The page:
DEARBORN – As a community grows and becomes increasingly more diverse, so do the needs of its youth.
Public schools aren’t for everybody, and many locals know that. Their support for unique ways of educating and supporting students was telling, as hundreds attended the Hamadeh Educational Services’ (HES) first scholarship gala.
Current students, as well as former ones who now work for the charter school district, gathered with parents, government officials and entrepreneurs at the Edward Hotel & Convention Center on April 20 with one goal – to make it more affordable for the students graduating from HES’ four academies— Star International, Universal, Universal Learning and Noor International— to pursue higher education.
HES is comprised of more than 3,000 students and 400 staff members and features Pre K-12 programs at its academies that cater to the needs of the community and students who come from diverse cultures and backgrounds.
Since 2004, HES academies have graduated more than 1,500 students and awarded more than $700,000 in scholarships, but is expanding its scholarship program.
“In the interest of making it sustainable, we took the opportunity on this occasion of the 20th anniversary to kick it off and also kick off the alumni chapter to hopefully bring back many of the students who graduated to be part of a great system for continuity, so they can have control over their learning and lead the way,” said Nawal Hamadeh, founder and superintendent of HES.
Students who have already received letters of admission from universities or colleges were awarded a combined $96,000 in scholarships that evening.
The two scholarship categories were a $1,000 gold and a $500 silver award. Criteria include GPA scores, a clean record and an essay about how the students would incorporate HES’ pillars to solve the humanitarian crisis in Yemen.
HES also recognized cornerstone members who contributed to its progress. Those include Dr. Talal Turfe, Lawrence Patrick, HES’ now-deceased legal counsel, and Dan Quisenberry, president of the Michigan Association of Public School Academies.
Proceeds raised went to HES’ nonprofit arm, the American Educational Foundation (AEF), which provides scholarships for deserving high school seniors who embody HES’ four foundational pillars — Scholarship, Character, Culture and Community.
Hamadeh stressed the importance of investing in children’s education and well being to ensure their success.
The program also aims to fund the schools’ athletic program, along with a four-year scholarship.
Hamadeh also highlighted the growth of HES, saying that expanding to encompass four schools was never the plan, but that the demand within the community was so great that they had no choice but to continue.
Today, each of the academies has at least one board member who graduated from the schools, she added.
Sabah Yassine, who graduated from Star International Academy and is now its board president, was honored at the gala. Some her family members also work at HES schools.
“We’re raising our youth to be our leaders,” Hamadeh said.
She spoke about the important roles charter schools play in accommodating a wide gamut of students’ needs and “to bring a greater understanding of the challenges and opportunities for achieving suitable programs and empower the young men and women to lead successful lives.”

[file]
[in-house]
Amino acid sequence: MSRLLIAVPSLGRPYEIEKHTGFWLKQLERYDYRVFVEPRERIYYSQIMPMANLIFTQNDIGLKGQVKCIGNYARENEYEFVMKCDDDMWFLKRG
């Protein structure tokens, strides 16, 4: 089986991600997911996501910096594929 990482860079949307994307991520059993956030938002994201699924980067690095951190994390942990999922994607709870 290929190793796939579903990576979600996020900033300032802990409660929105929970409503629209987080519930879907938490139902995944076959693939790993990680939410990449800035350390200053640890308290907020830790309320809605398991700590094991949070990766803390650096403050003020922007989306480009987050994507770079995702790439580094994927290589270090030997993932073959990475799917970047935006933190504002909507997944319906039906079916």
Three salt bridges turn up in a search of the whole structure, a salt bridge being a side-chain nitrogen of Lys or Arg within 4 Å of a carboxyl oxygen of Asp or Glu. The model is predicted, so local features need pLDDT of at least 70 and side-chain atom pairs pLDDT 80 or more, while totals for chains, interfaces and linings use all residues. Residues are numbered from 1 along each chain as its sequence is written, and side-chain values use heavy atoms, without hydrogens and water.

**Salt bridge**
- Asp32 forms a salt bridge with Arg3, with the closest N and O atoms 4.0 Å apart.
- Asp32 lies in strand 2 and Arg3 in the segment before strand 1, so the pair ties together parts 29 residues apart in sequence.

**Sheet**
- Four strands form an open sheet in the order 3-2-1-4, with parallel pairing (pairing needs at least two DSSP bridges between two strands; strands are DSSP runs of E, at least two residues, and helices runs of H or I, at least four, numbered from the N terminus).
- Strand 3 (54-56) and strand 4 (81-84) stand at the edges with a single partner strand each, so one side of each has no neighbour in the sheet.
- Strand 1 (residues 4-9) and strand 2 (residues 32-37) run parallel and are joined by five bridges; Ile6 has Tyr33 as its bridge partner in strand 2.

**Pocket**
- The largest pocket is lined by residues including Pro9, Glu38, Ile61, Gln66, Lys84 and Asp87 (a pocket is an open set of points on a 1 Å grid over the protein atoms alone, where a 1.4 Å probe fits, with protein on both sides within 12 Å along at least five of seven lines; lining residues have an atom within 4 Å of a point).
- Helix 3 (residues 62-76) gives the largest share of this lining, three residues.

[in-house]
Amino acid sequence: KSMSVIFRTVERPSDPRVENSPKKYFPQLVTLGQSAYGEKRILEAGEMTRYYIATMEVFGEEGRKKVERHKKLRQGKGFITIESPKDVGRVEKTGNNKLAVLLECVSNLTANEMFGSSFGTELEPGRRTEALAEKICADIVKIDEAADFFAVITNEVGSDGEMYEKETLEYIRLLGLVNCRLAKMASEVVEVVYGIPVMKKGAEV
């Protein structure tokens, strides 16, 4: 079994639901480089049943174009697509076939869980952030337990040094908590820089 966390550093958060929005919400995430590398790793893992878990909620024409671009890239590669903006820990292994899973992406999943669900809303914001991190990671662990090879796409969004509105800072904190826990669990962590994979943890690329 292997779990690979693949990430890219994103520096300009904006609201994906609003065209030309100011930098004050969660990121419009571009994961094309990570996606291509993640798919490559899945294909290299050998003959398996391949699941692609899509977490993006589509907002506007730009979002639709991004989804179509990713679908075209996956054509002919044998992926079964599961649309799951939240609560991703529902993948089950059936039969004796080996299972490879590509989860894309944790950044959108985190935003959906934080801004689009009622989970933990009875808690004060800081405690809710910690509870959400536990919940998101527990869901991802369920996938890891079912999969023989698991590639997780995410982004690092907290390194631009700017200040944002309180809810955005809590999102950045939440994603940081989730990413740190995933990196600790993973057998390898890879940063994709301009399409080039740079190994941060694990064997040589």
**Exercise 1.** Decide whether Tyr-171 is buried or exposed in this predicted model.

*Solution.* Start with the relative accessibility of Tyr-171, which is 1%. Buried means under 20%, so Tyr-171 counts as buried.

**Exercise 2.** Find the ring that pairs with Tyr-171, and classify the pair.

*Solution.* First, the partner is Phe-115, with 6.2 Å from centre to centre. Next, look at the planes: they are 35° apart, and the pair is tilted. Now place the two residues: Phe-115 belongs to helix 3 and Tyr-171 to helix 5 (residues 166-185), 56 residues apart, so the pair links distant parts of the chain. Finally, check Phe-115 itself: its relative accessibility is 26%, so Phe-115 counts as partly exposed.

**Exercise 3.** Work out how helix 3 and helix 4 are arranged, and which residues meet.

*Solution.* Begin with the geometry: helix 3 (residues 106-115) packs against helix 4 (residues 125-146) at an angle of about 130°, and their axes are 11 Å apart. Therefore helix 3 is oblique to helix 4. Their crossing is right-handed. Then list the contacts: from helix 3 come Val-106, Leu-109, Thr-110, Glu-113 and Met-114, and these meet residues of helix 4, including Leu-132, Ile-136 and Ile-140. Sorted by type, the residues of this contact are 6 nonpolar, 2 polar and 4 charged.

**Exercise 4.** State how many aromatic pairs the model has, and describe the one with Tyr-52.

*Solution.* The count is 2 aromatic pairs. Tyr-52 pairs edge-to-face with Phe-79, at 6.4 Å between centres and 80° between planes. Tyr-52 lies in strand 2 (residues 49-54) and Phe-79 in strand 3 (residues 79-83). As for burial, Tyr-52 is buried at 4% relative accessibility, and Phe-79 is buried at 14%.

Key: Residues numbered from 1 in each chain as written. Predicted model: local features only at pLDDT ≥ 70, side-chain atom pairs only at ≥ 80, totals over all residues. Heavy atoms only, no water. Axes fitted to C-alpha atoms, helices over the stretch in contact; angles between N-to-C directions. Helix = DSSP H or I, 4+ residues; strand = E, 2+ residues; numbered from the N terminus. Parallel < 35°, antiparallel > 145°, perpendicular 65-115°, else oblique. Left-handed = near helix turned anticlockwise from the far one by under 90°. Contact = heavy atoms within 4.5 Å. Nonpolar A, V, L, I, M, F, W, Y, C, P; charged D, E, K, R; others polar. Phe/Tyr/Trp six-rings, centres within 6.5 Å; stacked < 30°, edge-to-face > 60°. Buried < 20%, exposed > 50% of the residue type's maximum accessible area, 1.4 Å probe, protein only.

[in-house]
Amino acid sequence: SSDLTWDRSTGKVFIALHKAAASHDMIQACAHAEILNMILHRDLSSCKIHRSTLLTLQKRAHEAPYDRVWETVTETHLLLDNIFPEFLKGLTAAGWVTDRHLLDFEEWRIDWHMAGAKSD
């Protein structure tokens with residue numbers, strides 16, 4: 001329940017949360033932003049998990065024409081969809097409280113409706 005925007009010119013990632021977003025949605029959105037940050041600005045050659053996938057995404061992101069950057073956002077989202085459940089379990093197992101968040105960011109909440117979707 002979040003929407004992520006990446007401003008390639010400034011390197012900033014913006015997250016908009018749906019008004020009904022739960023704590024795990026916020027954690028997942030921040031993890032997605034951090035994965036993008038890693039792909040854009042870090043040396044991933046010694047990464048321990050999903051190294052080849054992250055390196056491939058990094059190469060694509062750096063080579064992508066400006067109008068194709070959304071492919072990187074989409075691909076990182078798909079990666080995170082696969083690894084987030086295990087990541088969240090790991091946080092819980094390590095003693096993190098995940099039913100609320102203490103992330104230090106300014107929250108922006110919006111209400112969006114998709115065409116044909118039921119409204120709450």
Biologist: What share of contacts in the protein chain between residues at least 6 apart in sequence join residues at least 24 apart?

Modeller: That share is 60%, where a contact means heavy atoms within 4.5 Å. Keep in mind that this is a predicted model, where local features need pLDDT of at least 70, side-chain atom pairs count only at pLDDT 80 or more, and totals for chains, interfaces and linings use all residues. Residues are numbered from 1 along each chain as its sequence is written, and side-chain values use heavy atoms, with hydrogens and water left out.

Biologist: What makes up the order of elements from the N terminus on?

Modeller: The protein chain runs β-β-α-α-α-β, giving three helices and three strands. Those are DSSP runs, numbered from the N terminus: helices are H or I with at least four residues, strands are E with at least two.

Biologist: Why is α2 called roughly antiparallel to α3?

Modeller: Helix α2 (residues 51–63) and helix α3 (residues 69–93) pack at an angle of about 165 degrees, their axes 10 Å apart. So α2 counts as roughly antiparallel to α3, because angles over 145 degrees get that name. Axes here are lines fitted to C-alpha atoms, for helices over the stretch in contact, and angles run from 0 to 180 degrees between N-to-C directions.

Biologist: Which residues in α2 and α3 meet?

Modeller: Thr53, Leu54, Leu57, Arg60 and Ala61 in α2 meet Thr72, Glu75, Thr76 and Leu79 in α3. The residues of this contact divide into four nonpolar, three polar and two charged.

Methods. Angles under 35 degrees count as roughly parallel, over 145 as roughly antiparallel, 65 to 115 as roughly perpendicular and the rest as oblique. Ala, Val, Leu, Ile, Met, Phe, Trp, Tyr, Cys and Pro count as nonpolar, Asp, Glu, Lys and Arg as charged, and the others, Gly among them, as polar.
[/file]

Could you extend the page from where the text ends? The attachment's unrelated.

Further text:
In her speech, Wayne County Circuit Court Judge Mariam Bazzi urged students and parents to better communicate and understand one another in order to achieve their goals.
Bazzi gave a nod to the many underappreciated Arab American women who lead businesses and government organizations who “continue to break glass ceilings”, pointing out that Nawal Hamadeh is a woman and acknowledging this year’s heightened women’s rights activism.
Bazzi said she couldn’t think of many scholarship programs like HES’ that have awarded such a substantial amount of money, with 100 percent of funds going to students.
Andy Khawaja, the evening’s keynote speaker and CEO and founder of Allied Wallet, an online payment processor, fired up students and parents about the certainty of reaching great heights when enough effort is applied.
The Lebanese immigrant recounted his story of working his way up to become a shoe store manager in Los Angeles, at a time when the Internet was still in its infancy. He partnered with his coding-skilled friends to develop a program that made it easier to connect consumers to merchants through online transactions.
That’s when he moved out of the retail business and launched Allied Wallet, which focuses on securely sending an online transaction to a bank. After a saga of up and downs and 381 banks rejecting doing business with him, Khawaja finally landed a deal with a bank in Manila, in the Philippines.
Today, Allied Wallet is a $20 billion private company which employs 1,500 staff globally.
Khawaja used that example as a testament to success when persistence and dedication is applied. He urged youth to consider careers in technology, but to heed distractions by social media.
He added that his company is looking to add about 1,000 new jobs in the U.S. and said he would open recruitment opportunities for HES students.
“The Arabic community is very smart and very clever,” Khawaja added. “We invented so many thing. read our history; we’ve done so much. But at a certain point we’ve stopped innovating and creating things and we’ve become very distracted.”
Dearborn Heights Mayor Dan Paletko and Westland Mayor Bill Wild, along with HES administrative staff, awarded the gala’s speakers. The Wayne County Commission also honored Khawaja and Bazzi with an official proclamation.
The evening closed out with performances by HES choir, dabke and marching band.